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6 Core Concepts of Servant Leadership – Values

Dana Hlusko

To recap the Vision post: Jesus’ vision was that Emmanuel, God-with-us is a kingdom over which God reigns, on earth as it is in heaven. A vision like this means that we need to have a clear understanding from Jesus of what that vision will look like. For example, in God’s kingdom power would be shared according to the gifts and needs of the time. It is not a weapon to be used for personal gain, but only to influence others for the coming of God’s Kingdom. Jesus made it clear in his inclusion of women in His circle that leadership in God’s kingdom flows from God to others, and from others to others regardless of gender or state in life.

When considering the parish Vision, what are the Values that come out of that vision and support the vision? Some of these values might include:

  • The parish values the good of the other before our own good.
  • The parish values each person as made in the image and likeness of God.
  • The parish values power shared and in service to the mission.
  • The parish values the weakest among us as deserving of our first attention.
  • The parish values justice, defined as ordering our lives according to God’s created order.

One can also look to the Social Justice themes of the Catholic Church for inspiration for values that support Jesus’ vision coming to life through your particular parish.
According to the US Bishops website, these values include (1):

  • Life and dignity of the human person – Human life is sacred because all human beings are created in the image of God, and the dignity of the human person is the foundation of a moral vision for society.
  • Call to family, community and participation – The person is not only sacred but also social. How we organize our society — in economics and politics, in law and policy — directly affects human dignity and the capacity of individuals to grow in community.
  • Solidarity – Loving our neighbor has global dimensions in a shrinking world. At the core of the virtue of solidarity is the pursuit of justice and peace.
  • The dignity of work – The economy must serve people, not the other way around. Work is more than a way to make a living; it is a form of continuing participation in God’s creation.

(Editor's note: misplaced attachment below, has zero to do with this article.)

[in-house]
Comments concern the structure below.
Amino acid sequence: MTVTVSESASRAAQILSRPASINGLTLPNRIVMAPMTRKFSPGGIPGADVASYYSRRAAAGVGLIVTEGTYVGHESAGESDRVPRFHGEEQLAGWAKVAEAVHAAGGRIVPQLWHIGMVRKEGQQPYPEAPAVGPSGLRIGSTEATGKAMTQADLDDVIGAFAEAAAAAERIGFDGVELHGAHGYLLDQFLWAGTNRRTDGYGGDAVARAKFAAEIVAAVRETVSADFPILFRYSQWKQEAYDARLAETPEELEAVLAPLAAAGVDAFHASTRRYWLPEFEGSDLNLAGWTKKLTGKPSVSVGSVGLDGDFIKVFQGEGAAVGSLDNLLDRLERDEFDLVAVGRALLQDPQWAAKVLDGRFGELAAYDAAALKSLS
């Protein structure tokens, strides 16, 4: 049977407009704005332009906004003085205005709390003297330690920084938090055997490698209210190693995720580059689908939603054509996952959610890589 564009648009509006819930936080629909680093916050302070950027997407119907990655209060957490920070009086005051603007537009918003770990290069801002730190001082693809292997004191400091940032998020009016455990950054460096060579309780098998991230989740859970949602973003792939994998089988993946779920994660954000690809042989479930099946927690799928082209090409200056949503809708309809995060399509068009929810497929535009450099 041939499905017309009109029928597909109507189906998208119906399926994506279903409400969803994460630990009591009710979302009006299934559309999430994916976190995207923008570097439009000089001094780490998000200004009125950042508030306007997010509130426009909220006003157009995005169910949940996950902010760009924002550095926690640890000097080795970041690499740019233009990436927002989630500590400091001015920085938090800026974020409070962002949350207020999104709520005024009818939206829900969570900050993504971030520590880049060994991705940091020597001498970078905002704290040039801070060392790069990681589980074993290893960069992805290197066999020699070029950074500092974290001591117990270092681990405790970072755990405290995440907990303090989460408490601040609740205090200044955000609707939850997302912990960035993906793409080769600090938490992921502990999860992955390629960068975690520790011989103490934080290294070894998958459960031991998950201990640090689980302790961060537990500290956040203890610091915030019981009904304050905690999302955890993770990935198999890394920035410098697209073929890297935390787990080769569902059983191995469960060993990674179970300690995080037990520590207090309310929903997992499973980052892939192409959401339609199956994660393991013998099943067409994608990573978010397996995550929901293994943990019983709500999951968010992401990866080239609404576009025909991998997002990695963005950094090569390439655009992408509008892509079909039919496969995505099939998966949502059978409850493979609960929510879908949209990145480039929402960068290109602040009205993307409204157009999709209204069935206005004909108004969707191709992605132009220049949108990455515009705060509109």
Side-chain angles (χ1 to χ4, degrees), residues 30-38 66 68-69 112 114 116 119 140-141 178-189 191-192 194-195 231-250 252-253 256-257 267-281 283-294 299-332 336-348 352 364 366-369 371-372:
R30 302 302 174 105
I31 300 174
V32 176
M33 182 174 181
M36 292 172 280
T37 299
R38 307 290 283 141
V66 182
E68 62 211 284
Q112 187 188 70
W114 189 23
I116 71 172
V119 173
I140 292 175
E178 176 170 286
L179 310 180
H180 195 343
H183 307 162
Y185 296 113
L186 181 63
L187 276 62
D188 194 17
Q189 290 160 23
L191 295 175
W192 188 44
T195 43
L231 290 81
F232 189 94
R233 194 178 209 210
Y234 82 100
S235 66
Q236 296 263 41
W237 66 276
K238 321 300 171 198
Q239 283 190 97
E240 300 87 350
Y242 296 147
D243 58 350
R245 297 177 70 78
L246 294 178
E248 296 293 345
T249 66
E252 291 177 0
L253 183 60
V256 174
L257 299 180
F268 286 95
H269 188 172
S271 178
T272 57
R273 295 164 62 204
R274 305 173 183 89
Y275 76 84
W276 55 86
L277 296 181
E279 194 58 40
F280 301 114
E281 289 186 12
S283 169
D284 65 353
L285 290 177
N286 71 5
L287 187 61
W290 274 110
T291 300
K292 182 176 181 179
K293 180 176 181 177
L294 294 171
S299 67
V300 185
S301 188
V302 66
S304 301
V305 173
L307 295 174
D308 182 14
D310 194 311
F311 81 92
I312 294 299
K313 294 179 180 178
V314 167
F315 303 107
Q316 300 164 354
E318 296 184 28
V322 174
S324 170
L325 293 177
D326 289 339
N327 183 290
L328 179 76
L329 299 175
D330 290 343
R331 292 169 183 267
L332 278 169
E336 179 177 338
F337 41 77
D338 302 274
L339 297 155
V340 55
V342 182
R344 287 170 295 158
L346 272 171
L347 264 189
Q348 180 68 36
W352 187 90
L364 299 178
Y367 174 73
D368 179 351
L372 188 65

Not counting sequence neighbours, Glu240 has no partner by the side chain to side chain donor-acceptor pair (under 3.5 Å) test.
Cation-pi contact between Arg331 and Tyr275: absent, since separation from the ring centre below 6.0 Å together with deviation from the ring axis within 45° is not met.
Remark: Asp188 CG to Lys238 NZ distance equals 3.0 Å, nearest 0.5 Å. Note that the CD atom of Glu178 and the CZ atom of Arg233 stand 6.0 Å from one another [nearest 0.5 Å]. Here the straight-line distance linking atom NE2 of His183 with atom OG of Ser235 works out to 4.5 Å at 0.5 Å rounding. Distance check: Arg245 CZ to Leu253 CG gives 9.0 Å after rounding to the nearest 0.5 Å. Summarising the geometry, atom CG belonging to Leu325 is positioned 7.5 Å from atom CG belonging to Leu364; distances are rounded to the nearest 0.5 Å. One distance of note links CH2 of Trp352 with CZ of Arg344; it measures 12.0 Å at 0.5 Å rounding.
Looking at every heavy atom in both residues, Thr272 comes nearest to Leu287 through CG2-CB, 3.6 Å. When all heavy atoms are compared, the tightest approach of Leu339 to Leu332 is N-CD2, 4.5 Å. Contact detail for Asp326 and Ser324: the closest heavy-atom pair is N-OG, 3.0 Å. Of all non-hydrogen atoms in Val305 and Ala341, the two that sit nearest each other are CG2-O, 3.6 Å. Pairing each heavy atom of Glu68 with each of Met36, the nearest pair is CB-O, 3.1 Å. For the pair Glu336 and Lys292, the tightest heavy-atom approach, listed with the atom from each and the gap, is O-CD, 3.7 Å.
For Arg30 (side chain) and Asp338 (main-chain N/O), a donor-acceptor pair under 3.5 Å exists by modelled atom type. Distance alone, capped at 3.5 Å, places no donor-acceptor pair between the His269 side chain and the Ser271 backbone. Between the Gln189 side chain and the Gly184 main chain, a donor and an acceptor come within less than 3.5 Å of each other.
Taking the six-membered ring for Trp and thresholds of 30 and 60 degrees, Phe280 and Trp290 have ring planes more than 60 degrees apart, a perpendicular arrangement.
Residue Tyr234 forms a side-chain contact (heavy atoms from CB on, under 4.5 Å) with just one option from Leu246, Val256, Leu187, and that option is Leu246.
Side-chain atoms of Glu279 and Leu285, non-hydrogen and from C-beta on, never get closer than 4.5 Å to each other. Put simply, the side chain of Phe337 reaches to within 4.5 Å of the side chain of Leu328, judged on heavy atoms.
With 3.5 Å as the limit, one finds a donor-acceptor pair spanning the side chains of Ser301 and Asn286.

• Rights and responsibilities – Every person has a fundamental right to life and a right to those things required for human decency. Corresponding to these rights are duties and responsibilities–to one another, to our families, and to the larger society.
  • Option for the poor and vulnerable – A basic moral test is how our most vulnerable members are faring. In a society marred by deepening divisions between rich and poor, our tradition recalls the story of the Last Judgment (Mt 25:31-46) and instructs us to put the needs of the poor and vulnerable first.
  • Care for God’s creation – Care for the earth is not just an Earth Day slogan; it is a requirement of our faith. We are called to protect people and the planet, living our faith in a stewardship relationship with all of God’s creation.

Values are translated into behaviors. Behaviors incarnate the coming of God’s Kingdom. Here are some behaviors that could demonstrate that your parish is using the value statements of Catholic Social Teaching to bring the Kingdom to life:

  • Warmly welcome visitors to the church offices.
  • Hold a “water drive” to collect bottled water for communities suffering a disaster.
  • Feed the hungry through the food pantry of the parish.
  • Support life and dignity of the human person by participating in pro-life activities.
  • Prison ministries.
  • Join in a clean-up effort for waterways or highways.
  • Advocate for care of the poor and vulnerable through engagement in the political process.
  • Sponsor a refugee family.

These behaviors are also directly linked to Jesus’ criteria for judgment found in Matthew 25:31-46: (2)

  • For I was hungry and you gave me food.
  • I was thirsty and you gave me drink.
  • I was a stranger and you welcomed me.
  • Naked and you clothed me.
  • Ill and you comforted me.
  • In prison and you came to visit me.

While every parish shares Jesus’ vision and every parish is obliged to live out of His values, the actual ways each parish is called and gifted to do that are directly correlated to who God has gathered in that parish, the levels of conversion and therefore the generosity with the resources available.

Remember, Vision and Values are what undergirds servant leadership. Vision and values are the foundations for setting direction, and then empowering others to co-create part of God’s Kingdom. They are the stuff of leadership.


(1) http://www.usccb.org/beliefs-and-teachings/what-we-believe/catholic-social-teaching/seven-themes-of-catholic-social-teaching.cfm
(2) New American Bible, Matthew Chapter 25:31-46

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